Nevertheless, I DO get up (and so does she).  This morning, as I was puttering around the kitchen making breakfast (gasp! yes, it’s true) and doing dishes (gasp gasp!), I found myself singing.  Now, let’s get one thing straight.  I don’t sing.  Nope.  I don’t. 

It’s not that I don’t have a nice singing voice.  It’s actually okay, if I say so myself.  I sing when I’m by myself in the car – along to the radio, or, back in the days when I didn’t have a car radio, as a radio substitute. 

So I know my voice isn’t ghastly.  It’s just that singing around other people makes me feel incredibly self-conscious.  I could take this to the Red Couch and try to analyze why my voice makes me shy (always hated participating in class, you can’t get me drunk enough to do karaoke, etc.) but I always loved dancing on stage.  We’ll just save that for another time.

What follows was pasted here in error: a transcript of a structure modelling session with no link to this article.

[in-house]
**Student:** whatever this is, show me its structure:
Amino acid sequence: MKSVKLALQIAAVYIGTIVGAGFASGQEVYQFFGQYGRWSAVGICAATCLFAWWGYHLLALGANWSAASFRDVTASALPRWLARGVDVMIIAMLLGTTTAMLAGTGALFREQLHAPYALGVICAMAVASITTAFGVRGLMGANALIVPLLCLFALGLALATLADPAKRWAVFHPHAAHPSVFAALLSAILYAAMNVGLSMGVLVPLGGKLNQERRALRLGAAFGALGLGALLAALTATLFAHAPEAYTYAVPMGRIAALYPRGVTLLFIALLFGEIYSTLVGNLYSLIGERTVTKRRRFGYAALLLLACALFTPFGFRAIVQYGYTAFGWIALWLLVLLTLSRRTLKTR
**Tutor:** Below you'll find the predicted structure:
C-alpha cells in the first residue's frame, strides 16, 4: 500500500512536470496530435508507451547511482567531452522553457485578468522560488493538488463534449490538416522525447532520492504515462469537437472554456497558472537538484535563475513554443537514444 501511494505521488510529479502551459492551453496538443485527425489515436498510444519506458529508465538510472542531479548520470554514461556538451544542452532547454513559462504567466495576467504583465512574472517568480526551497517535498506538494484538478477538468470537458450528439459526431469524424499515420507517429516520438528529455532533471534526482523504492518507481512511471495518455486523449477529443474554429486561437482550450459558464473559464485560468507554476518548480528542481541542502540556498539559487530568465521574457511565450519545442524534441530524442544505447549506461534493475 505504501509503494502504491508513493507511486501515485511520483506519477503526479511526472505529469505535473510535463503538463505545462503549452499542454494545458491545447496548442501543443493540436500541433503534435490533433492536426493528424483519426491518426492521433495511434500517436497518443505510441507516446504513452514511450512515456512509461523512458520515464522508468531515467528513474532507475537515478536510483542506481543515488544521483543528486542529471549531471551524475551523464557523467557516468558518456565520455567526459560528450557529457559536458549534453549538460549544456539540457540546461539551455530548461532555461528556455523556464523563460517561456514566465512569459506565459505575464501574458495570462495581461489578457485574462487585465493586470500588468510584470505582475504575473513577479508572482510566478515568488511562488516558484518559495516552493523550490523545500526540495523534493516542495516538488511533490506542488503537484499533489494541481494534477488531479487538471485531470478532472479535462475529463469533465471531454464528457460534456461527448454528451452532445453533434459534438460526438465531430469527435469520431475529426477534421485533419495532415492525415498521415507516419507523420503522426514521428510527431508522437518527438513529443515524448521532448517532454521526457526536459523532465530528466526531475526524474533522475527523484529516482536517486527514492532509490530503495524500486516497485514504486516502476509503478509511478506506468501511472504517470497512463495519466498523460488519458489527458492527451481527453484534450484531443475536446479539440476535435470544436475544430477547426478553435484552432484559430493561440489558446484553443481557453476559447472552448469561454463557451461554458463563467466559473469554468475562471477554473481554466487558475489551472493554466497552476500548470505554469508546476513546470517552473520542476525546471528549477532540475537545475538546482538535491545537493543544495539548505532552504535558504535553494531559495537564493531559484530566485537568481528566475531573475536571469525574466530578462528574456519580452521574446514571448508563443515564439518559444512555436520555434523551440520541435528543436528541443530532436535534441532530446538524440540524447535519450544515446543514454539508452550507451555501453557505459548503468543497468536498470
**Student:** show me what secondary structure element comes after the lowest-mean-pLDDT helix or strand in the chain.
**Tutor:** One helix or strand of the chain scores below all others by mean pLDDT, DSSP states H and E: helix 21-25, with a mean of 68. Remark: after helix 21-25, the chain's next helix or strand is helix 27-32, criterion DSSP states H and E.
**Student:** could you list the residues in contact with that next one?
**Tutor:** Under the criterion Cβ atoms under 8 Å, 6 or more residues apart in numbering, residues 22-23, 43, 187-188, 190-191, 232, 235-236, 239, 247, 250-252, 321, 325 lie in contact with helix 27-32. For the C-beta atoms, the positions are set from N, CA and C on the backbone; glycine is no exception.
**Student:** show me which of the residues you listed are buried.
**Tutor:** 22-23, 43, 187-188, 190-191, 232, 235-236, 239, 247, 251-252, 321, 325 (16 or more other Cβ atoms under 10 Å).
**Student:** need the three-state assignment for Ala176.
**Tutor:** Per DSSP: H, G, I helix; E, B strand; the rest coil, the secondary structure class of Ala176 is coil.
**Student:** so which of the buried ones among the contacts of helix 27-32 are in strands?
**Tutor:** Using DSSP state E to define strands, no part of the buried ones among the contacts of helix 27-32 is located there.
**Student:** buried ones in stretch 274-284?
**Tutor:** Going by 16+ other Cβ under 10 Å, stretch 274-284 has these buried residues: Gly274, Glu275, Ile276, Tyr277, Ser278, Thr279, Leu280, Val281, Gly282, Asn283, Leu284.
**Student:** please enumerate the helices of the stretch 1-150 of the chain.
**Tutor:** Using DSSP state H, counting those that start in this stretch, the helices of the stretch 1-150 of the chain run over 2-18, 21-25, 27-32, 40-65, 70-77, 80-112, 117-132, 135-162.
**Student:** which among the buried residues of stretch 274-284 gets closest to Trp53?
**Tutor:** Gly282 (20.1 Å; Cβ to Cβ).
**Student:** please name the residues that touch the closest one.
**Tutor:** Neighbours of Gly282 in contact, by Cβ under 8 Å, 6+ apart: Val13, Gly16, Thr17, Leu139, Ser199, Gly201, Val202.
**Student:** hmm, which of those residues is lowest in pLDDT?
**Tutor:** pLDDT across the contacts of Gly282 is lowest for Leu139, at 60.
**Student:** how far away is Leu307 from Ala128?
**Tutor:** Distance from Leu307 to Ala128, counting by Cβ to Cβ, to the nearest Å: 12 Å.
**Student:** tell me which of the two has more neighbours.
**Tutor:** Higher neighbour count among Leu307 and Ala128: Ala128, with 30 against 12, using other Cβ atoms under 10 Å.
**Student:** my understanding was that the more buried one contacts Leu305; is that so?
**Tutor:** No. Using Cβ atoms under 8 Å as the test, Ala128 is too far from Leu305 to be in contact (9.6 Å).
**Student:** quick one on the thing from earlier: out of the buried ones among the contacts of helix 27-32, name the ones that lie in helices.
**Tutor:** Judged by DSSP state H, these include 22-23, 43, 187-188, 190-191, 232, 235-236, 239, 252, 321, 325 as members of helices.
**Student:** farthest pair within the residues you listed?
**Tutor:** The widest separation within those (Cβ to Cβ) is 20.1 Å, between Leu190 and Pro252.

Back to this morning.  I was singing.  I am not self-conscious about singing around Kelsea.  (And Kelsea likes to sing – she’s been in choir at school for two or three years now.)  I used to sing her lullabies when she was little – she used to ask for them.  I think I am almost unconscious of singing around her.  So, I was doing my own rendition of “The Lumberjack Song”,


and then launched into “Dancing Cheek to Cheek”,

when I realized that I was being like my Mother. 

Usually my Mother was alone in the kitchen when she was cooking (lazy, unhelpful slugs that her children were).  And so she would sing.  I discovered, upon reflection this morning, that that’s how I learned and came to love so many old tunes from the ’40s and earlier – because she used to sing them in the kitchen.  It was a lovely, warm feeling to know that somehow I had this part of her embedded in my soul.

Mother had a beautiful singing voice.  She sang lullabies to us, just as I did to Kelsea, and just as E-Bro does to his kids.  I was so homesick after I moved to Colorado, that she made a cassette of herself singing all of my old favorite lullabies.  I have only played it once.  It was entirely too poignant.  But I have it.  (Actually, I really need to rescue it from Pat’s house.)